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6 Reasons Friendships Fail—And Why It’s Okay When They Do

6 Reasons Friendships Fail—And Why It’s Okay When They Do

Have you noticed that, as we grow older, our true friends also get fewer? Maybe we know more people, but solid friendships become rare, unlike when we were still in grade school or high school. This is not necessarily a bad thing. It’s inevitable to lose friendships as we grow old, especially as they grow harder to maintain. It wasn’t too hard to see your barkada every day when you were in school because you were going to be there regardless; fast forward 10 or 20 years, though, and you have to juggle dinners or lunches with friends with your obligations to your work and family. So sometimes you’ll need to face situations where it’s necessary to terminate a friendship for the better. And sometimes you’ll just have to let go because some friendships are not strong enough to withstand the test of time and distance.

Keep reading to learn about some of the most common reasons friendships fail—and why sometimes they’re acceptable ones.

1. You stop communicating with each other.

Maintaining an open line of communication with a friend is a challenge when you both become busy and you don’t get to see each other as often as you did before. Now, this doesn’t mean you need to text or call each other on a daily basis, but it does mean that you need to be in the know when something big happens to either of you. Lack of communication sometimes engenders cold friendships. For some, it’s a downward spiral once a cold shoulder has been given because the “feeling” is not the same anymore. In the end, it may be best for all parties to simply drift apart without any resentment on either side, which was likely what was happening to get you to this point in the first place.

2. You’ve outgrown your friendship.

Time and time again, our interests change because of various influential factors that affect us. Our way of thinking and our values change as we grow older. Your definition of “cool” or “fun” isn’t what it was a few years ago. You might have become friends with someone because she was a party animal and you were looking for wild adventures before, but if you’re not fond of partying anymore and she’s still like that, things might change and you might find yourselves losing touch.

3. It’s a love problem.

A friend told me once that she let go of her guy best friend because she wanted to avoid conflicts with her new boyfriend even though he never asked for it. My friend and her guy best friend were really, really close, but she felt it was better to prevent a potential misunderstanding than wait for things to go wrong as a result of your friendship or relationship. If conflict is brewing, you might be asked to make a decision as to which is more important to you. Make the decision that will be less likely to leave you with regrets. As for another scenario, you might have experiences relegating someone to the friend zone and having him be unhappy with this; some friendships can start out this way and endure, while others may become too awkward to maintain.

4. She or he is a backstabber.

It’s painful to know that the person you’ve trusted to keep your secrets and shared stories with has been saying mean things or spreading rumors about you behind your back. Please, they are bad for you and they are not worth keeping in your life. A good friend will tell you the ugly truths you need to hear to your face; someone who tells other people bad things about you has no right to the title of “friend.” Drop them ASAP.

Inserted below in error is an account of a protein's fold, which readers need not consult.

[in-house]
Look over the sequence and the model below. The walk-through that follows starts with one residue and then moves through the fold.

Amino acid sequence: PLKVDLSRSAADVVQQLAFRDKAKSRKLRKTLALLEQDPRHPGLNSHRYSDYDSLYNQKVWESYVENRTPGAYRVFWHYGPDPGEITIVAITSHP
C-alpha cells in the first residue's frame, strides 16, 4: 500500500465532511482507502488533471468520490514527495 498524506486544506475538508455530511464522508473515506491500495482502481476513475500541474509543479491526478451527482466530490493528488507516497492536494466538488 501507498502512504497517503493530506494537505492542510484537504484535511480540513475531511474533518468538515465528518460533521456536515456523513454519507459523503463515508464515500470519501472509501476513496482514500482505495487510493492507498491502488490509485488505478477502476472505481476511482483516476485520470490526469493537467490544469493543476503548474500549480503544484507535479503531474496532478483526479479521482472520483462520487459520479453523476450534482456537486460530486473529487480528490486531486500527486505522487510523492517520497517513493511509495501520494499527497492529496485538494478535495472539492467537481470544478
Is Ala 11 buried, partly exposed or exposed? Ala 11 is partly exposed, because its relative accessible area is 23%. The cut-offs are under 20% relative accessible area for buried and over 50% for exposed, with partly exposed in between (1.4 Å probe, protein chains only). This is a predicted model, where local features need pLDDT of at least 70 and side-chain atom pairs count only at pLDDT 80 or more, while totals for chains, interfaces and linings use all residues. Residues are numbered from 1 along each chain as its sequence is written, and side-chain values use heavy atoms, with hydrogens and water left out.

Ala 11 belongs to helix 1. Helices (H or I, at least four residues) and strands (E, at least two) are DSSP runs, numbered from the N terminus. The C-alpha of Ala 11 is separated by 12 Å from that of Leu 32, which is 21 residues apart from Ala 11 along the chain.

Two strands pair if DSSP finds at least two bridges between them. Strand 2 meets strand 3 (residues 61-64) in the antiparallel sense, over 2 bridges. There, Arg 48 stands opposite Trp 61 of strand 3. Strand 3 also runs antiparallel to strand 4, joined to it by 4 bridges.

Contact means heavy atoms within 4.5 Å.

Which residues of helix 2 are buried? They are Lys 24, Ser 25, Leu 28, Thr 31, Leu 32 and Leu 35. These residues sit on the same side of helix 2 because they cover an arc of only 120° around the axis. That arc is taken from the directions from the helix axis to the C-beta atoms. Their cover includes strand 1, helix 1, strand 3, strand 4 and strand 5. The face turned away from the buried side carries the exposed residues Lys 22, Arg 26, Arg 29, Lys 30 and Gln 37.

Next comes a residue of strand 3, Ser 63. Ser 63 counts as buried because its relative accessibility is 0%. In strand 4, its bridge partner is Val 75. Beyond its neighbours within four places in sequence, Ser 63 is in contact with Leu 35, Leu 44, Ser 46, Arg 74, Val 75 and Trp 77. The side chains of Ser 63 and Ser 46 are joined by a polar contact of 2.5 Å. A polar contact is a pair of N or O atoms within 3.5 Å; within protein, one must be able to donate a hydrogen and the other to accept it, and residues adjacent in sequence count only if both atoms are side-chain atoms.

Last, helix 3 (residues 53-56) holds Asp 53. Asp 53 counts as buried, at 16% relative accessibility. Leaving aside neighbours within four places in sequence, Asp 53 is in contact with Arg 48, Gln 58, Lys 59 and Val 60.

5. Only one of you makes the effort.

Be wary of friends who always make excuses when you want to meet up and who ditches you over and over again. A sincere friend who wants to see you will make time for you. If there’s no free time on weekdays because they are always staying late in the office or they are busy doing their academic requirements, there’s always the weekend when you can spend even just an hour together for a quick hang-out. In fact, continuous work burns out people, so remind them to chill and interact with other people—i.e., you. It’s just a matter of priorities, but if you’re not one of hers, then you should really consider moving her down the list of your own priorities.

6. You’re friends only in fair weather.

These so-called friends are just present during happy times, but once it’s rough seas ahead, they are nowhere to be found. They appear extra-friendly when they need something, but they can’t be counted on when it’s your turn to ask for help or even just a shoulder to cry on. Take a good hard look at your relationship and decide if it ever was a friendship to begin with.


Personally, I get sad when I know my friendship with someone is not the same anymore. Losing a friend hurts. But I realized that no matter how much we wish to keep as many friends as possible, there will come a point when we need to learn to let go because of factors that are beyond our control. Or maybe it’s about taking control and making the decision to get rid of friends who aren’t good for you and focus more on maintaining your relationships with true friends. It’s okay to cut ties with people who do more harm to you than good. It’s okay to avoid them if it means loving yourself more, and there’s nothing wrong with that.

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